The paper records some of the results and observations from a pilot scale plane-flow silo with a variable geometry hopper and a fully width slot outlet. The original objectives were simply to study the shape of arches and their failure mechanisms under a range of conditions. However, the behaviour of arches did not conform to the conventional assumptions and neither did other silo behaviour. The paper contains a summary of the main findings of this work, but concentrates on the arches formed under mass-flow and non-mass-flow geometries for the filling condition.
Silos and bins fail with a frequency that is much higher than that of almost
any other industrial equipment. Sometimes the failure involves only
distortion or deformation that, while unsightly, does not pose a safety or
occupational hazard. In other cases, failure involves complete collapse of
the structure with accompanying loss of use and even loss of life.
Three major causes of silo failure are identified: design errors,
construction errors, and utilization errors. Numerous case histories are used
to illustrate common mistakes, limits of design, and lessons learned.
Stress distributions developing in granular materials in hoppers during the process of filling is fundamental for an understanding of the phenomena observed in hoppers. Predictions of such stress distributions are therefore essential. In this paper, based on a model which was created to simulate various filling procedures, an (ABAQUS) analysis has been carried out to investigate the development of stress distribution in the material and the loads on the hopper wall when the hopper is filled by the concentric-filling method. Calculations have been carried out either according to a procedure known as "switch-on" or according to the so-called layer-by-layer procedure. It was found that the maximum stress developed at the end of the filling, not at the bottom, but somewhere in the lower area of the hopper (layer 3). The stresses developed during layer-by-layer filling were greater than those developed during the switch-on filling in the lower area of the hopper, but were smaller in its upper area. Maxima of normal pressure along the wall were not at the outlet, even from the very beginning of filling. Instead, it was located at a position around 2/5 of the length of the wall from the outlet when the filling was finished. Various filling methods would have an effect on the stress distribution within the material and, consequently, affect the type and magnitude of loads on the hopper wall, and particularly at the hopper outlet.
A finite element analysis has been carried out to investigate flow patterns and loads on silos either with a ralatively steep hopper, or with a shallow hopper but in the presence of an insert. A Lagrangian-Eulerian approach was first adopted to simulate the material flow pattern, with the precondition that mass flow was obtained. It was then attempted to predict the loads exerted by granular materials on the walls of such silos. The load on the insert was also simulated. Techniques such as the adoption of adaptive meshes and filleting along sharp corners were applied in the analysis to overcome the difficulties usually encountered with large deformations in the FEM and the mathematic singularity presented by the abruptness of geometry. Filleting proved to be necessary to bring down the pressure peak at the transition level. The insert took over a significant part of the loads. Comparison with the classic theories have confirmed that the loads predicted on the wall agree quite well with the theoretical results in the silo's cylinder section, but that differences exist in the hopper section; the difference is greater when the hopper is shallower. It has also shown the limitations of predicting flow patterns of granular materials with the traditional elastic-plastic model; a more advanced model is needed.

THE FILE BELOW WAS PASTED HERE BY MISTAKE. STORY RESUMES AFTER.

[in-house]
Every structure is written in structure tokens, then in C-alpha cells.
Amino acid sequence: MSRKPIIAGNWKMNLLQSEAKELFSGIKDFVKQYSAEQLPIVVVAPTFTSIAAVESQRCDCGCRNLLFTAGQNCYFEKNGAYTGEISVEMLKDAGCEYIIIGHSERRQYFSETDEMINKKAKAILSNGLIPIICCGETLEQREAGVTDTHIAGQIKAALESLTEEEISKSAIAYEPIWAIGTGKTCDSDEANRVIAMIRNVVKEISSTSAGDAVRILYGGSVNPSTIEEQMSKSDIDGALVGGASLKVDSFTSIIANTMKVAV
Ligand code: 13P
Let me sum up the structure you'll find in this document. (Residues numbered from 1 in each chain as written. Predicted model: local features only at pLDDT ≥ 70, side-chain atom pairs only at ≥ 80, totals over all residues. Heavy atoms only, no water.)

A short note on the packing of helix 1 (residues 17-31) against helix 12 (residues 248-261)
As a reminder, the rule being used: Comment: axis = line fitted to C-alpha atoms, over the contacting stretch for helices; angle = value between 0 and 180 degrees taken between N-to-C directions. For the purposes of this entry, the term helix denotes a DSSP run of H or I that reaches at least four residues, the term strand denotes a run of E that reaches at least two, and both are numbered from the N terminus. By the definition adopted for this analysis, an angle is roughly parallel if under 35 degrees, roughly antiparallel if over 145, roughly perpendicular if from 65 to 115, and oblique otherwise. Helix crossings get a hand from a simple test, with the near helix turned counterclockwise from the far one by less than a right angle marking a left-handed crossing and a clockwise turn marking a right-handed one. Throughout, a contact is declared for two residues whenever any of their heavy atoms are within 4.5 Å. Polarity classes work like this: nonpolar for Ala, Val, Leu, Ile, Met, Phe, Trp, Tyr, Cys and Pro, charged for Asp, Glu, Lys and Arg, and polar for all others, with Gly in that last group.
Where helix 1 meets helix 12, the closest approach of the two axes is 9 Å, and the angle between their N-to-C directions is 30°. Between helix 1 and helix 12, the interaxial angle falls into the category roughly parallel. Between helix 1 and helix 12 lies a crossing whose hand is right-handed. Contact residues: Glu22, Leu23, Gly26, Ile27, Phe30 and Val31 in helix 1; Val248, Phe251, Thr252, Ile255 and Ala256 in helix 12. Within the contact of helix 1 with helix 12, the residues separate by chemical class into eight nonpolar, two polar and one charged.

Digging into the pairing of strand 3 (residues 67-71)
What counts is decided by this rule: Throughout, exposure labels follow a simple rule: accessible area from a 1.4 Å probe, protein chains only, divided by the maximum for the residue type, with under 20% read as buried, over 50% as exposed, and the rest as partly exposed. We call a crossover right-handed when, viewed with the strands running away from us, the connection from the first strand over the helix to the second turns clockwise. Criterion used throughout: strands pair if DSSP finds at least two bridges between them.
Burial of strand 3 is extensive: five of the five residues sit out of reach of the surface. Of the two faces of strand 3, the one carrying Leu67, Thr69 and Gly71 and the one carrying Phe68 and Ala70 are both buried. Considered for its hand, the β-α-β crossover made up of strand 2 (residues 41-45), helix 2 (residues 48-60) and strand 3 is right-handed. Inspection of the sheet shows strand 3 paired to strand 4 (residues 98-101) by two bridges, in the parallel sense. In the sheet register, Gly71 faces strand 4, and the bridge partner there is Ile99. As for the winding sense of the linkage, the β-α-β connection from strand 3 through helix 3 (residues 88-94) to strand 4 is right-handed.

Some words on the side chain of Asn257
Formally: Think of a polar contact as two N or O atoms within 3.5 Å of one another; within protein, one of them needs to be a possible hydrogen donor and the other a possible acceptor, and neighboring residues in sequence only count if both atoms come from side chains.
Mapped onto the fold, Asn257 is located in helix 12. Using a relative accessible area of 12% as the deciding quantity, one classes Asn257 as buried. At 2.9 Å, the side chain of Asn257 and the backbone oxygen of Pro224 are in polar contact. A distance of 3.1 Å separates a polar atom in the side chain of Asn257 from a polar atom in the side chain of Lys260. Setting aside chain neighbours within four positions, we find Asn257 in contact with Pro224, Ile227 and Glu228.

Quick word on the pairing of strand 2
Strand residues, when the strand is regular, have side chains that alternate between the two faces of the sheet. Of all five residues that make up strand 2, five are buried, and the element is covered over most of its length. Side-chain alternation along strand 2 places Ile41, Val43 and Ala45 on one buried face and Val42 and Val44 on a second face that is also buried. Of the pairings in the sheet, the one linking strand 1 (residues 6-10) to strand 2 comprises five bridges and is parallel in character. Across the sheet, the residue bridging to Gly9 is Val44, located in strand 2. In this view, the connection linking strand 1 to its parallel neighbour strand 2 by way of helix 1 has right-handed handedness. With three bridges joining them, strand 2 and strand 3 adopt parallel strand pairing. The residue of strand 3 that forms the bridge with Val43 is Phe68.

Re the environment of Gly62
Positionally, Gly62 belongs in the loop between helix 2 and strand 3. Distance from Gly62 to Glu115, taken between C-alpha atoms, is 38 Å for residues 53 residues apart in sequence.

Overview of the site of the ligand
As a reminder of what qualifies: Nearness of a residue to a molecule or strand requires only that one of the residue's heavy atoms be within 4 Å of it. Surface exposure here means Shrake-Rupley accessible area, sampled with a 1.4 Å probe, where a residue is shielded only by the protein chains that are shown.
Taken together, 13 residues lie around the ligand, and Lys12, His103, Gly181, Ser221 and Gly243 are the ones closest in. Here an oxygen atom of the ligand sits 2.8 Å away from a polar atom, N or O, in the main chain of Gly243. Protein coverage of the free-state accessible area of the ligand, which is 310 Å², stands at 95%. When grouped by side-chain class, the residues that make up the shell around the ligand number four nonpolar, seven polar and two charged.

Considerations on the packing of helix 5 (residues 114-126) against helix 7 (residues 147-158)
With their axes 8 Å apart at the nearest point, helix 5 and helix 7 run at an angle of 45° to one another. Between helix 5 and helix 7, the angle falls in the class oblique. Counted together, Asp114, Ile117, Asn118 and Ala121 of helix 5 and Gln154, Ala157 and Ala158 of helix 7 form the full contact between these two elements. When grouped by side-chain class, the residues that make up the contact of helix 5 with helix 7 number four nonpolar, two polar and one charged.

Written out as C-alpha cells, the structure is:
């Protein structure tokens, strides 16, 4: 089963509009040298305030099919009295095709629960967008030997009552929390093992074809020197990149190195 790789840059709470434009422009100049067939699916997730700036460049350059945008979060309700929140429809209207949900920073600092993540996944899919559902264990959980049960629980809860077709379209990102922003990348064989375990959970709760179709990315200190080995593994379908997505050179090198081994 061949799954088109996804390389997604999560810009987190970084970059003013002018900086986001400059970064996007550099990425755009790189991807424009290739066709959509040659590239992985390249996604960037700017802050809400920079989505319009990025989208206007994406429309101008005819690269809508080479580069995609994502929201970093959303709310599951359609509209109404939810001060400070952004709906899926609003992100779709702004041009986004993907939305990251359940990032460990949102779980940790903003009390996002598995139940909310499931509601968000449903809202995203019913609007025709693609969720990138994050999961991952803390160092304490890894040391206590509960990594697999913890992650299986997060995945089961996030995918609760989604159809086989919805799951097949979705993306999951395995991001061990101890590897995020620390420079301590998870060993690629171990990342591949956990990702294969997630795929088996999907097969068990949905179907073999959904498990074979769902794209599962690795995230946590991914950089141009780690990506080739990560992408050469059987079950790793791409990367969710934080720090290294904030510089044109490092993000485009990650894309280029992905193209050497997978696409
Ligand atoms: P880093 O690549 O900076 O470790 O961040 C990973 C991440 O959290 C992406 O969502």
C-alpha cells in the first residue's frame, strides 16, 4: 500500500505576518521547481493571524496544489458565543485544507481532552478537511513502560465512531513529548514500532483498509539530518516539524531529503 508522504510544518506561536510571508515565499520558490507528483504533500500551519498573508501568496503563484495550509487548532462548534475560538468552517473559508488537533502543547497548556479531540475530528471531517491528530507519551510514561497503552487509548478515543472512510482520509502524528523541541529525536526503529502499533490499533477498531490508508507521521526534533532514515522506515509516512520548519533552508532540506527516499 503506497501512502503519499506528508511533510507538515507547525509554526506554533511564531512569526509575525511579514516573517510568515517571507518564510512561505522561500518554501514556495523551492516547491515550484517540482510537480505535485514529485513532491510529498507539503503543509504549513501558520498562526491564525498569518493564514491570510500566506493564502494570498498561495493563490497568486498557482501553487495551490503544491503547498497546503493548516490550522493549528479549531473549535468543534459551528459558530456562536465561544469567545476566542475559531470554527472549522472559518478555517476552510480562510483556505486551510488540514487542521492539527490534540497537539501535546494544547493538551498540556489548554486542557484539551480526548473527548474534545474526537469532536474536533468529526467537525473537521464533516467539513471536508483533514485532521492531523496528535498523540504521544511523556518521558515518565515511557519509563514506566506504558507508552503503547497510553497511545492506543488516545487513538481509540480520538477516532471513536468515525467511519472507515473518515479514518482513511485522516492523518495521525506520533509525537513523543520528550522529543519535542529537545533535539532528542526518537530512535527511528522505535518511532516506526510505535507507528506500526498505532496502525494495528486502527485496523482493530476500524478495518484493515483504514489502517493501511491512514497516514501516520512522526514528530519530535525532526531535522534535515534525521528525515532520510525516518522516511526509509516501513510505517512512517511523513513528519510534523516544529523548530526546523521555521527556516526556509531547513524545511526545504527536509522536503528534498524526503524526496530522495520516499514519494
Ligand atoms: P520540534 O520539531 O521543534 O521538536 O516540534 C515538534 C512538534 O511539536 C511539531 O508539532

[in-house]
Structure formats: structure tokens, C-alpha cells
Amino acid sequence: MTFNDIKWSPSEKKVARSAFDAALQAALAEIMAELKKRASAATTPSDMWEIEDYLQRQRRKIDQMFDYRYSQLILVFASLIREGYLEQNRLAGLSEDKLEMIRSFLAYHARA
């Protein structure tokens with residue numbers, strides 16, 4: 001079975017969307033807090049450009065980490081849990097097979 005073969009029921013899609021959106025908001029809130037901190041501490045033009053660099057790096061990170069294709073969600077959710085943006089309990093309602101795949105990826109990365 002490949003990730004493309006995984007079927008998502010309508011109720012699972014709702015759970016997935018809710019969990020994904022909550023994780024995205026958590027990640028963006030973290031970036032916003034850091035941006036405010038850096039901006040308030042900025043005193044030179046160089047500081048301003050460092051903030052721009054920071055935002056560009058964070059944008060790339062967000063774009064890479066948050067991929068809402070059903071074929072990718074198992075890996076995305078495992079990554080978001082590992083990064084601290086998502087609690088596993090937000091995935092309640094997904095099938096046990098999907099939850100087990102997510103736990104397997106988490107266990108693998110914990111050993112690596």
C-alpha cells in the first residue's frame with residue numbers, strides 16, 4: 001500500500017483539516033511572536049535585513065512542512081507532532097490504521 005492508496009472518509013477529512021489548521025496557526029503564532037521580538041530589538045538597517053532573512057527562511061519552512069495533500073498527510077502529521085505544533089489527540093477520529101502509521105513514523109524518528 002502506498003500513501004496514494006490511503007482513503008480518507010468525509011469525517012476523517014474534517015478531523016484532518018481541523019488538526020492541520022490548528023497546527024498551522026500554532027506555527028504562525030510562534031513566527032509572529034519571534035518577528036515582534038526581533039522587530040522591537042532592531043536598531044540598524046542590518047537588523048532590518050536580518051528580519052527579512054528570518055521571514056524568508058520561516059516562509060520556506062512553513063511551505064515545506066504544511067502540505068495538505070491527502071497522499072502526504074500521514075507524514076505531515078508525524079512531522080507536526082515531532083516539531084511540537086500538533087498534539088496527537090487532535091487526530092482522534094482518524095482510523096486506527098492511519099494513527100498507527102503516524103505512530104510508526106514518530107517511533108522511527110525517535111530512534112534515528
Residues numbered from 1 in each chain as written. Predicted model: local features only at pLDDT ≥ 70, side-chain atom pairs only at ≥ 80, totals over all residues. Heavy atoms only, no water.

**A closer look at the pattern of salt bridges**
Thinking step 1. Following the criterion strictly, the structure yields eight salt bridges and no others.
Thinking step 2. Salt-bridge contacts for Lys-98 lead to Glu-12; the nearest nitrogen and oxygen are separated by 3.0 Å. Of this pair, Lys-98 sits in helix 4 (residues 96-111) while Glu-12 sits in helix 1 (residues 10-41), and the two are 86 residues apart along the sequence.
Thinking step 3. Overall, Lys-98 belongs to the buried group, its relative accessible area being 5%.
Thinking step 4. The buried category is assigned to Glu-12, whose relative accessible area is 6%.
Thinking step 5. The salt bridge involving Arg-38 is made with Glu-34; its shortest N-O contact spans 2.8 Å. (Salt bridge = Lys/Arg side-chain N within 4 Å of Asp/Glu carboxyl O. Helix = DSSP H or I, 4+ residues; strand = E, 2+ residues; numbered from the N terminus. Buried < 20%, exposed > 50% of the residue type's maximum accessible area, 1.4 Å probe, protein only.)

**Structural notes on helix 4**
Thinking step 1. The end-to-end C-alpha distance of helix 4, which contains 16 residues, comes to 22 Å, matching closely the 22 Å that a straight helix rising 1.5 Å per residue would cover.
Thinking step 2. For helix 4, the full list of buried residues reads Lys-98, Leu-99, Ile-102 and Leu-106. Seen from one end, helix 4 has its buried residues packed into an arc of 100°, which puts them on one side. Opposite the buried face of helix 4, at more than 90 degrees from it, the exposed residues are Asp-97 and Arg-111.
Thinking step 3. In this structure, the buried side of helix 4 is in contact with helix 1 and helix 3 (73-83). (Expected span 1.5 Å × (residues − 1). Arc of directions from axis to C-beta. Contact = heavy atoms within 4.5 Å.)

While numerical methods have become an integral part of everyday work in
process engineering for fluid processes, there is a curious lack of such
methods in the field of solid handling. One of the reasons may be
the inability of the most often used CFD codes to handle bulk solids. In
the paper an attempt is made to show how the behaviour of bulk solids can be
modelled using a CFD code without a specific constitutive model for bulk
solids.
Another reason for not using numerical tools to handle bulk materials is
the difficulty of generating the necessary material parameters. Those material
models suitable for bulk solids that are available in commercial packages are
mostly derived from soil mechanics. Their parameters are determined using
a triaxial cell. This device is generally not available in the chemical